To prepare for open enrollment, group health plan sponsors should be aware of the legal changes affecting the design and administration of their plans for plan years beginning on or after Jan. 1, 2020. Employers should review their plan documents to confirm that they include these required changes and communicate plan changes and notices through an updated summary plan description (SPD) or a summary of material modifications (SMM).
About Kari Mortenson
This author has yet to write their bio.Meanwhile lets just say that we are proud Kari Mortenson contributed a whooping 117 entries.
Entries by Kari Mortenson
On July 23, 2019, the IRS issued Revenue Procedure 2019-29 to index the contribution percentages in 2020 for determining affordability of an employer’s plan under the Affordable Care Act (ACA). For plan years beginning in 2020, employer-sponsored coverage will be considered affordable if the employee’s required contribution for self-only coverage does not exceed a specific percentage.
On July 22, 2019, the Department of Labor (DOL) issued an opinion letter—FLSA2019-10—to address whether the time a truck driver spends in a sleeper berth is compensable under the Fair Labor Standards Act (FLSA).
• 1 in 5 Deaths Worldwide Associated with Poor Diets
• Your Heart Rate: Indicator for Health and Fitness
• Introducing Foods Early May Help Prevent Allergies
• Recipe: Fruit Slush
It’s just another brisk summer morning and you step outside in a rush, eyes down digging in your bag to check for your phone, keys in hand. You look up at the driveway. Your jaw drops as your brain tries to process what you’re seeing – or rather, not seeing. Where is your car?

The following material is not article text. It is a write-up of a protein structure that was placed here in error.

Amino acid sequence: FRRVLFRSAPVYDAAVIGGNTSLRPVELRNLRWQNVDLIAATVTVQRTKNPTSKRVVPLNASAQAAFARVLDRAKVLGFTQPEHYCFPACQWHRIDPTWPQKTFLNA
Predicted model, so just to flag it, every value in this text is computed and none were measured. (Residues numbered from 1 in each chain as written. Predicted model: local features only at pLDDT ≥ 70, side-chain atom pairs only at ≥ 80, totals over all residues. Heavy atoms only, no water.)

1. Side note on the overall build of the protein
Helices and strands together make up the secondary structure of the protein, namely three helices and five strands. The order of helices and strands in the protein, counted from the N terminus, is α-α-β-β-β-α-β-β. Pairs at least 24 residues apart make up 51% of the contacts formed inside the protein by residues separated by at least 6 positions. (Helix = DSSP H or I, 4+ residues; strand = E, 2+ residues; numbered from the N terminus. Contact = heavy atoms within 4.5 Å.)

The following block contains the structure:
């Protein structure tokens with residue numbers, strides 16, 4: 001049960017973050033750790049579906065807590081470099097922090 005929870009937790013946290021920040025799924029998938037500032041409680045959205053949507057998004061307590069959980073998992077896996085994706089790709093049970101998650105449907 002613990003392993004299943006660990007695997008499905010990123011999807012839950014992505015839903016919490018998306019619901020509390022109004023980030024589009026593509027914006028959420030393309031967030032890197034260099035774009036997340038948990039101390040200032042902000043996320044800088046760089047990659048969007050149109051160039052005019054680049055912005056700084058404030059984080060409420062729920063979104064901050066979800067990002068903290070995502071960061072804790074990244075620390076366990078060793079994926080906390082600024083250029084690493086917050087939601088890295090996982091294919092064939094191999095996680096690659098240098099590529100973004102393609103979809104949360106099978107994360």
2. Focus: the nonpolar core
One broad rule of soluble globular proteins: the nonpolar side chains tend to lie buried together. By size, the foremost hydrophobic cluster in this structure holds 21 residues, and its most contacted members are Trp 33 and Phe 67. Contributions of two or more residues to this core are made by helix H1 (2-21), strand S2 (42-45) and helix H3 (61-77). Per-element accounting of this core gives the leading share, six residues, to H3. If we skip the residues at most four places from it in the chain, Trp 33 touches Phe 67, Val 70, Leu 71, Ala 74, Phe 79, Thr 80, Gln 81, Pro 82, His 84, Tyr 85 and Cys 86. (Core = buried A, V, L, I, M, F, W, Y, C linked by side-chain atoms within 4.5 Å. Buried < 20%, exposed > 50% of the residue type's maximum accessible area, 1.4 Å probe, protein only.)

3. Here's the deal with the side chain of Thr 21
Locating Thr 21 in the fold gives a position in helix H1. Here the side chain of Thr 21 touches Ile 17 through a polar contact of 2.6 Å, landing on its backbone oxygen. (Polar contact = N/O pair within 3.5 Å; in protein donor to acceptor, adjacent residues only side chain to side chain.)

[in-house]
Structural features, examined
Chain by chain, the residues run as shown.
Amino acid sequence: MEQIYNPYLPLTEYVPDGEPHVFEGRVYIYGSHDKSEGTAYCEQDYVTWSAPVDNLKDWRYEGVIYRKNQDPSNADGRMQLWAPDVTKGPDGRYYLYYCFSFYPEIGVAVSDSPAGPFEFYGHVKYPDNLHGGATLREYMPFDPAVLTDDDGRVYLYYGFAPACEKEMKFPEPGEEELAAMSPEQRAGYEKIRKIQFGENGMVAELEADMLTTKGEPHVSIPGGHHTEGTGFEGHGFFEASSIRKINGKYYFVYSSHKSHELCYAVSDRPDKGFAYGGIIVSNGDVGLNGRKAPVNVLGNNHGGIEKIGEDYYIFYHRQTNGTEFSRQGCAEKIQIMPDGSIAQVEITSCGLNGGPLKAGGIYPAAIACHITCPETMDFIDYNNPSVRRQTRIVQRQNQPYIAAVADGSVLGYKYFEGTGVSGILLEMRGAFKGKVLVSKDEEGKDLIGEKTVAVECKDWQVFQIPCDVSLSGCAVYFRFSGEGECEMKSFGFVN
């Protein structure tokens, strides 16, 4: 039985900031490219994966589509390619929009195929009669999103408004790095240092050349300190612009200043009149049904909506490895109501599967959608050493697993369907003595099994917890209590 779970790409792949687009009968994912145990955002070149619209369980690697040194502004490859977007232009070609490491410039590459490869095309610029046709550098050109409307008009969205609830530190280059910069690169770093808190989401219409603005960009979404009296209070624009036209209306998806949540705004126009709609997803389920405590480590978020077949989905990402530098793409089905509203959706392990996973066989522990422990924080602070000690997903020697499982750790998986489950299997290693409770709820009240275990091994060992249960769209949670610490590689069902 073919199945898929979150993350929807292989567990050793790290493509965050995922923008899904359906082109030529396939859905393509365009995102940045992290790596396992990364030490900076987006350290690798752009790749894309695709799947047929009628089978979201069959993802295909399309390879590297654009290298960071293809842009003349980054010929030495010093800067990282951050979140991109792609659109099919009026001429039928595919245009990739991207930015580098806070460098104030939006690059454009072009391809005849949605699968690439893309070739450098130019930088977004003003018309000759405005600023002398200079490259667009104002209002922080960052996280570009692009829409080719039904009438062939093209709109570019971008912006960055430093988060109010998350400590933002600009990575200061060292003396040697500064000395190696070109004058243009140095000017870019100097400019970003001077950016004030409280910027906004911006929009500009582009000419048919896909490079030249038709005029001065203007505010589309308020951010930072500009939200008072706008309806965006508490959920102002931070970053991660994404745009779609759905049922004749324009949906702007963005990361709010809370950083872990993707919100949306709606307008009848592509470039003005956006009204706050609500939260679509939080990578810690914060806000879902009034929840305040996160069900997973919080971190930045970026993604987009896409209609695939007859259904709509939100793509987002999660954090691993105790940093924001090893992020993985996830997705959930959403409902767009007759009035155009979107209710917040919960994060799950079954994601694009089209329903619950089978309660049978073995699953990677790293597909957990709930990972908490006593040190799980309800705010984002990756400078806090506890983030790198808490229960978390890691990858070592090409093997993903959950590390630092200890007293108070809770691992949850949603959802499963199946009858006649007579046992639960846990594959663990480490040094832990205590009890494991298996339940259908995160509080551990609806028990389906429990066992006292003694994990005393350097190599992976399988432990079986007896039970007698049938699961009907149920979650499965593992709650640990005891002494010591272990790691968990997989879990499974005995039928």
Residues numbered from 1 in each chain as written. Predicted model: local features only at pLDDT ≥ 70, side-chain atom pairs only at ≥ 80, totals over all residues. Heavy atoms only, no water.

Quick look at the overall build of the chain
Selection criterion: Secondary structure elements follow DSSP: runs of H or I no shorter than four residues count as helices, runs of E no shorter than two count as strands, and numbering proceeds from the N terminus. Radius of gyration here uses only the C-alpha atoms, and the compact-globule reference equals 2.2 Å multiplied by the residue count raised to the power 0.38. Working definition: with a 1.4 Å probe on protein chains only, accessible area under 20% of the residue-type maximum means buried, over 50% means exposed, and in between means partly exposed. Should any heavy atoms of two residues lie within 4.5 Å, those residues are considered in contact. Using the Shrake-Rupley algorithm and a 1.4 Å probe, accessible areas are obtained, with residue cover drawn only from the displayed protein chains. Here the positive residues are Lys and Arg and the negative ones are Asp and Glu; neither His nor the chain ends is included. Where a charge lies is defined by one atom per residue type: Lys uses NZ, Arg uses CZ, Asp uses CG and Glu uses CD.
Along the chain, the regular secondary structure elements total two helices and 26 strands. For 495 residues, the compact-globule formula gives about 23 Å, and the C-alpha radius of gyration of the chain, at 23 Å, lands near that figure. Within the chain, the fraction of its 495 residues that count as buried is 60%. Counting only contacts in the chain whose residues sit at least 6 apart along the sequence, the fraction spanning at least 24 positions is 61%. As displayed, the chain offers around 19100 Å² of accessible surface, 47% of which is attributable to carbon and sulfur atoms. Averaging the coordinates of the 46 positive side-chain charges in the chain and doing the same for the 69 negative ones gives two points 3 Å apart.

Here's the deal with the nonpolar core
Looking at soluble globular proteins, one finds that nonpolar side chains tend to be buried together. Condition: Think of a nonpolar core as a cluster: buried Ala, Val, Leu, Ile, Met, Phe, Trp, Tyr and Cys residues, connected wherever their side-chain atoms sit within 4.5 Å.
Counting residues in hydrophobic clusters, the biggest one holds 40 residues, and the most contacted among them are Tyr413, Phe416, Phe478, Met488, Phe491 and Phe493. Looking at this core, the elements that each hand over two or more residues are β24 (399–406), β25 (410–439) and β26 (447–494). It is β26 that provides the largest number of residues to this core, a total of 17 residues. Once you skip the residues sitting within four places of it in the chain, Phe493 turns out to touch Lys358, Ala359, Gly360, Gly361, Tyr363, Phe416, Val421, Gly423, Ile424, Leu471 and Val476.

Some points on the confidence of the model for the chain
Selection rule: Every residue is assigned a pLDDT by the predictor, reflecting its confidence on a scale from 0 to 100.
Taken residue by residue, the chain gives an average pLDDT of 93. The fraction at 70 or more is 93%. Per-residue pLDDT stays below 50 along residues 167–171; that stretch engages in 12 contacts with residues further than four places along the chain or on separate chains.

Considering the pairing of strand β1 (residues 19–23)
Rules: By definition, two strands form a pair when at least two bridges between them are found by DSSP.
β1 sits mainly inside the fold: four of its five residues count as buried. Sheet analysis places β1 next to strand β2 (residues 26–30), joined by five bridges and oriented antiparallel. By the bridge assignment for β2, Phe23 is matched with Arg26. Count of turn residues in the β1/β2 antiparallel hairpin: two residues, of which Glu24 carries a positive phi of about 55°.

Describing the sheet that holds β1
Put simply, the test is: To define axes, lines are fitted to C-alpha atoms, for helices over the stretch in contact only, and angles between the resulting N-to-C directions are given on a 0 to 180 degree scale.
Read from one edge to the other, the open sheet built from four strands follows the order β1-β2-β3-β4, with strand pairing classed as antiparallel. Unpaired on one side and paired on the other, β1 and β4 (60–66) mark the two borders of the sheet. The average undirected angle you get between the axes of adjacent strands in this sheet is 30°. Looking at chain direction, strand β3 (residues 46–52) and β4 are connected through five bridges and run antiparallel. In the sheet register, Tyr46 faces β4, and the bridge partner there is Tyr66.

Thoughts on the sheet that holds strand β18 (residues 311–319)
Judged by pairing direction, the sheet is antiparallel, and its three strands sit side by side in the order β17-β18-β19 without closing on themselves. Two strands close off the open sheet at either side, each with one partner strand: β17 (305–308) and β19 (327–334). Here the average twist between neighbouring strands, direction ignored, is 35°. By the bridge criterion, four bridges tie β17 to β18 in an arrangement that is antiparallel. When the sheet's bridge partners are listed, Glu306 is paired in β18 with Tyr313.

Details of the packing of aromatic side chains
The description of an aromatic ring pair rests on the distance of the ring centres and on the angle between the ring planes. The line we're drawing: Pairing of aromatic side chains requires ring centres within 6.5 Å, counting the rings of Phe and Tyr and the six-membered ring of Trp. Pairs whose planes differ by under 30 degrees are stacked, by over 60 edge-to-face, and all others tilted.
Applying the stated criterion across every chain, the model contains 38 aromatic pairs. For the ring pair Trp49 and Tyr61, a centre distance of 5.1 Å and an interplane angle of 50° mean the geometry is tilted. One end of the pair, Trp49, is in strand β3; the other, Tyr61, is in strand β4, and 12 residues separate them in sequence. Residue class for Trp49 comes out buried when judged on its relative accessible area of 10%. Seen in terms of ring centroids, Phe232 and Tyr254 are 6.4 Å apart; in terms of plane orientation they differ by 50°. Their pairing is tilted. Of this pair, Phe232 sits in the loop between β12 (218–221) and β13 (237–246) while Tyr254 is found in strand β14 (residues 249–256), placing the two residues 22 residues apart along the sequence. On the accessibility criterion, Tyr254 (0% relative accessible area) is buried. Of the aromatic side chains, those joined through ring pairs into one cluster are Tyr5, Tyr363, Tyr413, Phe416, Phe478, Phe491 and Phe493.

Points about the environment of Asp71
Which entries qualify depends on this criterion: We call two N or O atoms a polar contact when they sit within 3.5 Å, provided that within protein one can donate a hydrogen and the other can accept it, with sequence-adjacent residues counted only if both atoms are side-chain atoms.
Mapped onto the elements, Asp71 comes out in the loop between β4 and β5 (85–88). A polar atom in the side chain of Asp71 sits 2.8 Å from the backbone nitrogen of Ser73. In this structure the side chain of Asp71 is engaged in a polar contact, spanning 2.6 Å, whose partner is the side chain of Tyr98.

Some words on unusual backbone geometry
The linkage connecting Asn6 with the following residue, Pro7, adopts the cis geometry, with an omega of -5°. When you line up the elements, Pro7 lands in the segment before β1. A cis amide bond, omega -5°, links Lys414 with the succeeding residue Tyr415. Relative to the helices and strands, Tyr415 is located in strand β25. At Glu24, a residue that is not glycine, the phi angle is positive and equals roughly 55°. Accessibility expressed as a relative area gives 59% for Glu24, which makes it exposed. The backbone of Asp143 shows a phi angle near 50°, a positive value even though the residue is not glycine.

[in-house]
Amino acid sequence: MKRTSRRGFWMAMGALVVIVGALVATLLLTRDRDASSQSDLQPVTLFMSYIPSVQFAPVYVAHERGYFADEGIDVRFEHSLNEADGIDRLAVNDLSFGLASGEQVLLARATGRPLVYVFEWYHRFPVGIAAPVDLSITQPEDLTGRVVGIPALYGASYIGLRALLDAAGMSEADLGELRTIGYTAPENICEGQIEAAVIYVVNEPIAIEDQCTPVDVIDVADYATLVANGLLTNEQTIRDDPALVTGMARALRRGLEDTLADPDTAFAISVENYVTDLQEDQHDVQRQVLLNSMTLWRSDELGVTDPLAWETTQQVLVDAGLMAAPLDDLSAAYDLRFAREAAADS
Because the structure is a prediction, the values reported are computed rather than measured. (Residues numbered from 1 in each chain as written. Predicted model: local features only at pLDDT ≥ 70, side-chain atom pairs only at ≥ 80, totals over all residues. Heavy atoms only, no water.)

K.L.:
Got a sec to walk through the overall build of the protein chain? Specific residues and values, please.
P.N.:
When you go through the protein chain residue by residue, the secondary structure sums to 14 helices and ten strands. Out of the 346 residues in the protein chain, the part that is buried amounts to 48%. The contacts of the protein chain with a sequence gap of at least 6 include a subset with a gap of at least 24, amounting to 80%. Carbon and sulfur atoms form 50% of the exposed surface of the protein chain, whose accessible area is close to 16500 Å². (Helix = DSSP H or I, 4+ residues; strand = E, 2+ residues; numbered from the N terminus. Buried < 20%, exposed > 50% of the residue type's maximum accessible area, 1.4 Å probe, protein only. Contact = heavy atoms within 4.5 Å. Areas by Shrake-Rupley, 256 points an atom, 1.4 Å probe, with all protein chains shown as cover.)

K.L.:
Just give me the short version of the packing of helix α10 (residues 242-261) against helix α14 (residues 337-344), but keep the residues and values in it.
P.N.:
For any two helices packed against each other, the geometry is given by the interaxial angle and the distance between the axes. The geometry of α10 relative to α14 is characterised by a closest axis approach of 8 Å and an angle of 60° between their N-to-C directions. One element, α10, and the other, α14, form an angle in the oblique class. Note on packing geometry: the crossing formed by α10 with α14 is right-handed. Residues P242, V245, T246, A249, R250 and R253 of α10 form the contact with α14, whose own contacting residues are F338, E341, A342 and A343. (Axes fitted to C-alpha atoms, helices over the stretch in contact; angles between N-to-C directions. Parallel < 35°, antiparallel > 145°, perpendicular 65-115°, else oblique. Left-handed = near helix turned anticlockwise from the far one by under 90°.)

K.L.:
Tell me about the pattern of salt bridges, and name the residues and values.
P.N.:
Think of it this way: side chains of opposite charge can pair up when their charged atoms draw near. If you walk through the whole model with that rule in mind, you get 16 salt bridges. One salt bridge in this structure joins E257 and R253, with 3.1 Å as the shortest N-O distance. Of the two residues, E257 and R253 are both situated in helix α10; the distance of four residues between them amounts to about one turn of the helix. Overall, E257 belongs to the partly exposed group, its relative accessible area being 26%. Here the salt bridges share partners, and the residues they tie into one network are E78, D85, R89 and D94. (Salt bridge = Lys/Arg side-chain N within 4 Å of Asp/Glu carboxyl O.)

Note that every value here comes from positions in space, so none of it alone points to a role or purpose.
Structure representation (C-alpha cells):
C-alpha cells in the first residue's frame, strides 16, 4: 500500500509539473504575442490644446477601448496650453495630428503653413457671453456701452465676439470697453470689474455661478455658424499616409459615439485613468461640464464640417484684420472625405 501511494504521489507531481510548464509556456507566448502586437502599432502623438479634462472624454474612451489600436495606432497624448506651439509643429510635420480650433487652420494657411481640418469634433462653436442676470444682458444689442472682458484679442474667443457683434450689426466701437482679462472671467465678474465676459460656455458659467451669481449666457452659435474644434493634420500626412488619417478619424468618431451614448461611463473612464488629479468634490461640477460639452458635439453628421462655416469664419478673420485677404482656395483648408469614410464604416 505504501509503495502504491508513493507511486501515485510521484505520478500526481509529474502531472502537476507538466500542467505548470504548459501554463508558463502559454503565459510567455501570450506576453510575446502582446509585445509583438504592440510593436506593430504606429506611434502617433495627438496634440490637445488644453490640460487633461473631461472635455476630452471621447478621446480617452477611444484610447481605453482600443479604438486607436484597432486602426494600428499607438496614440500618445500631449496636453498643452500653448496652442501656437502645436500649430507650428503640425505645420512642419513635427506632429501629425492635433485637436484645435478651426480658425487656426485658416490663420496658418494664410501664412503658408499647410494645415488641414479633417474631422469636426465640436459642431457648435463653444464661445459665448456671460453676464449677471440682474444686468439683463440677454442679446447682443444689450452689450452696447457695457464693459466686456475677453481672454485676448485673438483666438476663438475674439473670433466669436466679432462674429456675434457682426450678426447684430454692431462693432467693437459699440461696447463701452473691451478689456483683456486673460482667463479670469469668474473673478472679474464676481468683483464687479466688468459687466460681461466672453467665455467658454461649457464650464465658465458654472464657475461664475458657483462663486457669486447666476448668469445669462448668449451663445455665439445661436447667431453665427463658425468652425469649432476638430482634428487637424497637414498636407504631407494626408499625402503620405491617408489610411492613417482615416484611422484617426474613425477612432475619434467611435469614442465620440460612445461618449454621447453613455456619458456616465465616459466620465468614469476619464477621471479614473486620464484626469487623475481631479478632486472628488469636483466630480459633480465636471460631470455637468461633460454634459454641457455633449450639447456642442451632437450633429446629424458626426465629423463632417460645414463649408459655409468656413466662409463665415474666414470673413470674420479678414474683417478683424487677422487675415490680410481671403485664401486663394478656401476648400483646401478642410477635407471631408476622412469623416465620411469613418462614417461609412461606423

• Executive Order on Health Costs to Affect Employer Health Plans
• Final Rule Expands Options for HRAs
Whether you are working outside, working out outside, or enjoying some fun in the sun, high temperatures, especially when coupled with high humidity and direct sunlight, can be extremely dangerous, potentially leading to illness, organ damage and even death. Keeping an eye out for symptoms and actively working to prevent overheating can help.
You have liability coverage included in your auto insurance policy in case of a car accident. You have liability coverage included in your homeowners/renters’ policy in case of a property accident. Maybe you even have liability coverage through another personal insurance policy, like your watercraft policy, in case of an accident on the water. You’re all covered, right? Well, it turns out, you might not be.